Interviewed for the May 1966 edition of the Barry Lett newsletter to coincide with his Auckland Festival exhibition, Don Binney responded affirmatively when asked if there was a peculiar sort of light in New Zealand that influenced his way of seeing. The interviewer was summarising Auckland Art Gallery director Peter Tomory’s introduction to a catalogue of painting shown at the Commonwealth Institute in London in 1965: “in these islands, the Pacific light burns and bleaches, so that in high summer, black and white predominate”. Don had only been out of the country a few times to Australia, but he reported “seeing New Zealand for the first time after two weeks away…one had the impression of an iron land, strong and clear in this light.” As a fiercely nationalist painter, Don Binney laboured to try and convey the power and simplicity of that vision.
Pregnant with mystery, this huge image of a hei tiki glowing against a dark background is magnetically attractive. It is one of a range of Cinderella artefacts – those deemed by curators as too imperfect to exhibit – brought to light by Ngai Tahu photographer Fiona Pardington. Working towards her MFA at the Elam School of Fine Arts in 2002-2003, she trawled through collections of her iwi’s taonga at Auckland Museum and Okains Bay Mäori and Colonial Museum on Banks Peninsula. It took her up to 18 months to seek and obtain permission from each relevant hapu to photograph their taonga for this project.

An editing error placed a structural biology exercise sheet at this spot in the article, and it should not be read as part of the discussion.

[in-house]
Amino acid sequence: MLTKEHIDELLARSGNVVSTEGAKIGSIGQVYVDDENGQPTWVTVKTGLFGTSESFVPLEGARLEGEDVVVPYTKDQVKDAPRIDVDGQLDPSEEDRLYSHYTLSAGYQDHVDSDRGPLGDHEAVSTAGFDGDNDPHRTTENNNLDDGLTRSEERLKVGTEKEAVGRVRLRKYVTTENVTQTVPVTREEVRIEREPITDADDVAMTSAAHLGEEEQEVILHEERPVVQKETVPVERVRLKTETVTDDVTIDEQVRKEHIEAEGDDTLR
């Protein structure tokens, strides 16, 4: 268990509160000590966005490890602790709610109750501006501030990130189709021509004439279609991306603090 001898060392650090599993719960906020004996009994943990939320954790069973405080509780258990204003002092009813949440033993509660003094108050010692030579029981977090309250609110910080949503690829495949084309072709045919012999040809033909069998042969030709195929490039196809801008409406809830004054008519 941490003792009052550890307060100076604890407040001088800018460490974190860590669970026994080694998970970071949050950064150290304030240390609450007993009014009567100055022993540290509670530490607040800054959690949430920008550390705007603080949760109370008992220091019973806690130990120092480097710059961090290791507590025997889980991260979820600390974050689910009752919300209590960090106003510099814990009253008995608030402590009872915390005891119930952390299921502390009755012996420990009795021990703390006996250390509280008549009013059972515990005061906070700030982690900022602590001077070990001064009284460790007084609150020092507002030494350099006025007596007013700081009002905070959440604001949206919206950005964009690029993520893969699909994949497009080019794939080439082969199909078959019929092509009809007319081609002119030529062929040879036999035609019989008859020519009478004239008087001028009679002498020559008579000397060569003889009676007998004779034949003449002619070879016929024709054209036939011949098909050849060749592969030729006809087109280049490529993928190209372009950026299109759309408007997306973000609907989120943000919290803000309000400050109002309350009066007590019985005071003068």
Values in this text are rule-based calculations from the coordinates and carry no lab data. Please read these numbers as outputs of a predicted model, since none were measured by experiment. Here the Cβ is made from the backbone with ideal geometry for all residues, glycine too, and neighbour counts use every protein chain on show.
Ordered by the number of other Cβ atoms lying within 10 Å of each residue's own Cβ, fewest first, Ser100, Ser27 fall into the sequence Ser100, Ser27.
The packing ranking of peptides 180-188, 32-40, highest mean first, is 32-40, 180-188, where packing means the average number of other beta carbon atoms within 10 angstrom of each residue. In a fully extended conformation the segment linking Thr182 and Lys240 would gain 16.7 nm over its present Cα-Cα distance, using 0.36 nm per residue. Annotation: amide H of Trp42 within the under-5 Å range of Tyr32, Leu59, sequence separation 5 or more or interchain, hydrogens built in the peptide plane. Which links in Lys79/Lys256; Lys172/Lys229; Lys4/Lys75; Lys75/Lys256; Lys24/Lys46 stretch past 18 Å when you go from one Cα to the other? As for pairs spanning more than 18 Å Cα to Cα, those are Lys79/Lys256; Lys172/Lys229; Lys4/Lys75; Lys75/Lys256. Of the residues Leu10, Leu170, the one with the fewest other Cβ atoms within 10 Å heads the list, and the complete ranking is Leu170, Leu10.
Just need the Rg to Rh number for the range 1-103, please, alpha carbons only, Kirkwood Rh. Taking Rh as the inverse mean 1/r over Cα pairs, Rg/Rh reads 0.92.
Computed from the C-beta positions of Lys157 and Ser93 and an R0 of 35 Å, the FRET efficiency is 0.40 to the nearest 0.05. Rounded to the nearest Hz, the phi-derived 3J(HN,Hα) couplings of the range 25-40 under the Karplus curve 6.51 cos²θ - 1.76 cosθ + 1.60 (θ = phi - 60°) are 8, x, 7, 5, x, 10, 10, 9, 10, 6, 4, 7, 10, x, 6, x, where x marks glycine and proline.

It was in the mid-1960s that Barbara Tuck studied at the University’s Elam School of Fine Arts. And during her time at art school, Tuck developed her skills and stylistic approach to art. Fifty years on, this style combines multiple narratives, aerial perspectives and eye-catching, dreamy colours. Her heady landscapes are magically mystical, glinting at magpie onlookers.